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Bruce Springsteen and New Songs

By Tracy Jessup

Gardner Webb


“Praise the Lord!  Sing to the Lord a new song, his praise in the assembly of the faithful. For the Lord takes pleasure in his people; he adorns the humble with victory.” Psalm 149:1, 4

The concert film “Western Stars” recently opened in theaters nationwide.  Based on Bruce Springsteen’s first studio album in five years, “Western Stars” is the only opportunity in which fans can see him playing all thirteen songs on the album.  A band and a full orchestra accompany his performance under the cathedral ceiling of his historic nearly 100-year-old barn. “Touching on themes of love and loss, loneliness and family and the inexorable passage of time, the documentary film evokes the American West…weaving archival footage and Springsteen’s personal narration with a song to tell the story of Western Stars” (Movie Details, AMC app).

Springsteen published a 500-page memoir, Born to Run, in 2016In a story for Vanity Fair coinciding with the book’s release, David Kamp wrote about Springsteen’s issues with his father, Doug.

“One of the book’s most moving passages occurs a few days before the 1990 birth of Springsteen and [Patti] Scialfa’s first child, their son Evan.  As was his impulsive want Doug embarked on an impromptu road trip, driving 400 miles south to Bruce’s house in Los Angeles from San Mateo, where he and Adele had made their home.  Over beers at 11 A.M., Doug, uncharacteristically, made a small peace offering to his son. “Bruce, you’ve been very good to us,” he said.  And then, after a pause: “And I wasn’t very good to you.”

“That was it,” Springsteen writes. “It was all that I needed, all that was necessary.”

I asked him if he ever heard the words “I love you” from his father.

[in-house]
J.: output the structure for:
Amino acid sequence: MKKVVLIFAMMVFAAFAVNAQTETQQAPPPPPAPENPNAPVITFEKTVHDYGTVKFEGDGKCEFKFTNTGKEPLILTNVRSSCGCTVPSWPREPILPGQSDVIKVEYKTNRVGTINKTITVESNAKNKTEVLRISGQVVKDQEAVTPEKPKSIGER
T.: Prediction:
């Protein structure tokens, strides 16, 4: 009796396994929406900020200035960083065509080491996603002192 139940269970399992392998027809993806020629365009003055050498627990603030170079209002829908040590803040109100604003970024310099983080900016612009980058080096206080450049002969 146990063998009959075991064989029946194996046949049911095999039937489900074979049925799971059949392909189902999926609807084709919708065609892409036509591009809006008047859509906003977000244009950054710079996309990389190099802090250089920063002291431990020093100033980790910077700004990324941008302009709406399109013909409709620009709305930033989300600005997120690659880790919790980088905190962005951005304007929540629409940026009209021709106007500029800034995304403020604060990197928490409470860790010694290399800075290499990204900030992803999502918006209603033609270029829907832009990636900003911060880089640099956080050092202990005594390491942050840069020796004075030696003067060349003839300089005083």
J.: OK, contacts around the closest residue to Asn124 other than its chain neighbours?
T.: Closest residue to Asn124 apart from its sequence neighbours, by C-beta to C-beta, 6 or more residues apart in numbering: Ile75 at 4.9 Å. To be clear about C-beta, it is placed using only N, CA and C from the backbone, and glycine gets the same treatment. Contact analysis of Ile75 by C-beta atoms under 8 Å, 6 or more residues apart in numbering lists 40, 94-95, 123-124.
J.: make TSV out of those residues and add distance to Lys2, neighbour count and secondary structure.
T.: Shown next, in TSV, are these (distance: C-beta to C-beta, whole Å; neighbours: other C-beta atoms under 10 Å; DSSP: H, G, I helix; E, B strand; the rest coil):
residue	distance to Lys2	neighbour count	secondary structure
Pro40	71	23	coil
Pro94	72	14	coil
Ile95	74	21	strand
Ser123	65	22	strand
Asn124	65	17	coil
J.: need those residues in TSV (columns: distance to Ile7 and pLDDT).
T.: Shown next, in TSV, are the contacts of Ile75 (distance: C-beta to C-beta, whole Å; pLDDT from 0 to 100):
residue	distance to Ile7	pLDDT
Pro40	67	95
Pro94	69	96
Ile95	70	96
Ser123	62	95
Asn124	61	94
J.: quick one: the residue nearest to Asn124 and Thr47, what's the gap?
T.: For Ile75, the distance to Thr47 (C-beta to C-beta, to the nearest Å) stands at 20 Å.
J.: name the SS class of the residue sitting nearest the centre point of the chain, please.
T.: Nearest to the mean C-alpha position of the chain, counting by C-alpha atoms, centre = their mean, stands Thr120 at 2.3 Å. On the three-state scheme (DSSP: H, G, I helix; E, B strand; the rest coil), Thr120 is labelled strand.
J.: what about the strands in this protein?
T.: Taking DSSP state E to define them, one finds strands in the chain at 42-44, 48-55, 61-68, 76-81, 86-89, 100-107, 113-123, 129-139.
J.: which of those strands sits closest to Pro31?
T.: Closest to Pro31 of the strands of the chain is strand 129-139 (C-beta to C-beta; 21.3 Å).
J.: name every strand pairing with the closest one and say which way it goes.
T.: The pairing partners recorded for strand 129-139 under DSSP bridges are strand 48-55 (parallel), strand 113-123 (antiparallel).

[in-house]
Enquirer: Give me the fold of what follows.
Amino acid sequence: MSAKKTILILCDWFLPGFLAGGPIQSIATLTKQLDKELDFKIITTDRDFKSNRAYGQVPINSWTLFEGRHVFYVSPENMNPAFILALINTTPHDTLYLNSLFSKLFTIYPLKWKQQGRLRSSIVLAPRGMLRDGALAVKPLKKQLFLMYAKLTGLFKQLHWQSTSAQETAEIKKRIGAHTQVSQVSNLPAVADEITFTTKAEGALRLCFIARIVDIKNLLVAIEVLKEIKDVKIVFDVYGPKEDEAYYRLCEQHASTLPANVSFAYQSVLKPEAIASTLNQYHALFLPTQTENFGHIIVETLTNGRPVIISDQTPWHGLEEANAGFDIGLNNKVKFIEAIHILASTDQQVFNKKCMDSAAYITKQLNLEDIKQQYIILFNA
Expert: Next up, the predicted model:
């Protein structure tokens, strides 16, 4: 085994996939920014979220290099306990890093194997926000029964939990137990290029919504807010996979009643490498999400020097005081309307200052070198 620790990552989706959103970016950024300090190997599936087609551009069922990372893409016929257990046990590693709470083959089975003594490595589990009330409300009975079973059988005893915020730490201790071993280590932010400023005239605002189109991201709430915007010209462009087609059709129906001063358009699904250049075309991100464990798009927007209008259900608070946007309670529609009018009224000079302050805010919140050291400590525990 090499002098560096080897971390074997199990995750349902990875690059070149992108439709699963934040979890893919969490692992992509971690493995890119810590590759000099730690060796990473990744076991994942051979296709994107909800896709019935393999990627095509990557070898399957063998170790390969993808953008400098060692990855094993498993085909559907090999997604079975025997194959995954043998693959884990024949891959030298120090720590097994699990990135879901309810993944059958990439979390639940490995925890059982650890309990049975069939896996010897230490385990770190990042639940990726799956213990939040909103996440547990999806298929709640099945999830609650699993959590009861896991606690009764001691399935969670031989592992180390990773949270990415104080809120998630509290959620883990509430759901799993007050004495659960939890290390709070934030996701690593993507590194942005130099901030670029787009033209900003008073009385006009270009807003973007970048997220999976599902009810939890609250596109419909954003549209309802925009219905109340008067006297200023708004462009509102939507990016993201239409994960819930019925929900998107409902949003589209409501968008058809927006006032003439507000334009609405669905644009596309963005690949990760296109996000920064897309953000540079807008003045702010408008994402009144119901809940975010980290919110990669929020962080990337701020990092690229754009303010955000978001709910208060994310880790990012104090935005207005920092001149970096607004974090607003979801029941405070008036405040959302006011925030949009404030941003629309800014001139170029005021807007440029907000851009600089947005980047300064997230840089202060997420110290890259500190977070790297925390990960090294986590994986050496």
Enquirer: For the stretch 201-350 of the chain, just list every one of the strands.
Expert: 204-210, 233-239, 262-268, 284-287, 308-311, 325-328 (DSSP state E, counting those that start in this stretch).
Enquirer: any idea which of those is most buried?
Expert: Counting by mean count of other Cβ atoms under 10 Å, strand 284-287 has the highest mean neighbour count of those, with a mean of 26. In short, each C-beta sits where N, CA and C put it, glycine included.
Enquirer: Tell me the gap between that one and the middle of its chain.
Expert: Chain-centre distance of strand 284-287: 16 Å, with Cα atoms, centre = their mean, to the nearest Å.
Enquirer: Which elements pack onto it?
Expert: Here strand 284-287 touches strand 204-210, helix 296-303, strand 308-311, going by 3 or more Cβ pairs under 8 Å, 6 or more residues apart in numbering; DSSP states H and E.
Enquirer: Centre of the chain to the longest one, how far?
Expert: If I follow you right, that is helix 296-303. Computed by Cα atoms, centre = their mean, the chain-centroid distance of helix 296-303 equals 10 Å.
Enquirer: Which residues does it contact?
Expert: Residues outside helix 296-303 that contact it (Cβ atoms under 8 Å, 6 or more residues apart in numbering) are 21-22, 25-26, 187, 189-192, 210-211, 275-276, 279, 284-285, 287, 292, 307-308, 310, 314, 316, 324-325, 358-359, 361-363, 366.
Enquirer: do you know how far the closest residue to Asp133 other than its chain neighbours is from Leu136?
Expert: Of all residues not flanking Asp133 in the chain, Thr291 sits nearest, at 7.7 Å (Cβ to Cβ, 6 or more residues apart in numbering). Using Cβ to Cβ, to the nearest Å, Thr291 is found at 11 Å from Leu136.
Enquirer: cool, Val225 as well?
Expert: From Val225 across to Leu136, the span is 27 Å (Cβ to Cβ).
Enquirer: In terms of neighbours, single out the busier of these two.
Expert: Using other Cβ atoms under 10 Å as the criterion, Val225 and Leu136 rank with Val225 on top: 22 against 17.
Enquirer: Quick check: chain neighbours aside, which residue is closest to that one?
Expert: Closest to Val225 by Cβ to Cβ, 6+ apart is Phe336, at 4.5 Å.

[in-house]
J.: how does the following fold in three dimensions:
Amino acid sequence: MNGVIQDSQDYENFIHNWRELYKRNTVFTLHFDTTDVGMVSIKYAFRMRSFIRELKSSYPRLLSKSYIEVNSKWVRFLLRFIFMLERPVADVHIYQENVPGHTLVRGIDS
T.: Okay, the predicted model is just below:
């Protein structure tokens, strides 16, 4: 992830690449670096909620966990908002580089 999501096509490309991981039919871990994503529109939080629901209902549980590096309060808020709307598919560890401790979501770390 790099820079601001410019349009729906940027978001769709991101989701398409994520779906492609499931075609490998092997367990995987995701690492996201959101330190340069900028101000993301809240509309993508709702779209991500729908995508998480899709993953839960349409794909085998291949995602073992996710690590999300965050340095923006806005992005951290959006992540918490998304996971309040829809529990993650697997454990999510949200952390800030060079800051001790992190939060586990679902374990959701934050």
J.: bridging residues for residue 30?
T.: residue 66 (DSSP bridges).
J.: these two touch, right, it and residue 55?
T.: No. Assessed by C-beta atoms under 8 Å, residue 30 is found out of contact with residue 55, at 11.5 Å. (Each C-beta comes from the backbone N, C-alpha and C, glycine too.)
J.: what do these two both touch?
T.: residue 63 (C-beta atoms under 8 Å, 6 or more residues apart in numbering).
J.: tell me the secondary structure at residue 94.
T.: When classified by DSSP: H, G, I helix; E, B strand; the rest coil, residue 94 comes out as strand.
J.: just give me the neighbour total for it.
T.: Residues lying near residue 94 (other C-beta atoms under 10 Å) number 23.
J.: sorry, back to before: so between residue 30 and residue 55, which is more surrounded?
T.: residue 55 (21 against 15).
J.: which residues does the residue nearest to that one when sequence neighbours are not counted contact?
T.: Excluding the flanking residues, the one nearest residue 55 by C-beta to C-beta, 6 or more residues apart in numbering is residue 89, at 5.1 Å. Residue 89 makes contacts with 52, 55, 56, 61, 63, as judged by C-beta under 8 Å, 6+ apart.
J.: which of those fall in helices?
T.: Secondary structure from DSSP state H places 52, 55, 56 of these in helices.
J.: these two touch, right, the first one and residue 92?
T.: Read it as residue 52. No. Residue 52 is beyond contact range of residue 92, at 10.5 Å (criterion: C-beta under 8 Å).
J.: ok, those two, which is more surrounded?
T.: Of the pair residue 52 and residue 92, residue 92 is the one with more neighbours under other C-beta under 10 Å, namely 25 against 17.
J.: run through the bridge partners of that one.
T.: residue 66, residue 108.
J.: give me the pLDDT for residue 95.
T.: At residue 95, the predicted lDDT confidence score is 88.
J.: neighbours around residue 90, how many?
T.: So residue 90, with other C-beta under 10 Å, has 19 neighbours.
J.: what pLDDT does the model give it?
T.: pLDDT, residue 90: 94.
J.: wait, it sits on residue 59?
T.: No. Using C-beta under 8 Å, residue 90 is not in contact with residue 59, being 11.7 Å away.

“No,” he said, a little pained. “The best you could get was ‘Love you, Pops.’ [Switching to his father’s gruff voice.] ‘Eh, me, too.’ Even after he had a stroke and he’d be crying, he’d still go, ‘Me, too.’ You’d hear his voice breaking up, but he couldn’t get out the words” (October 2016).

Psalm 149 calls on God’s people to sing a new song to the Lord.  Images of singing, gladness, rejoicing, dancing, and playing musical instruments express different ways in which our praise is offered to God.  Verse 4 proclaims the primary reasons for our praise.  The Lord “takes pleasure in his people” and the Lord “adorns the humble with victory.”  God not only has told us that he loves us, but he has demonstrated his love in innumerable ways.  We have not done anything to deserve God’s love and pleasure, but through Christ, God has reconciled us to himself.  He has set his affection on those who recognize their utter helplessness and their need for salvation.

Hans Wiersma writes, “In Jesus, the Lord God has indeed done – and continues to do – new things: finding the lost, redeeming the worthless, forgiving the sinner, feeding the hungry, healing the sick, freeing the bound, raising the dead.  Such new things deserve a new song” (, 11/7/10).

Prayer:  Lord, thank you for your love and for teaching us how to sing the latest God-song, a praise-song to you (adapted from Psalm 40:3 The Message).



Dr. Tracy Jessup serves as vice president for Christian Life and Service and senior minister to the University. He is a graduate of Gardner-Webb with a B.A. in Music and earned his M. Div. degree at Samford University’s Beeson Divinity School. He completed his Ph.D. at the University of Nebraska-Lincoln. He also teaches in the undergraduate department of religious studies and enjoys the opportunity to serve the local church through interim pastorates, pulpit supply, and preaching revival services. he and his wife, Teresa, have two children, Christian and Anna.

Read more Good Christian News from Dr. Jessup HERE.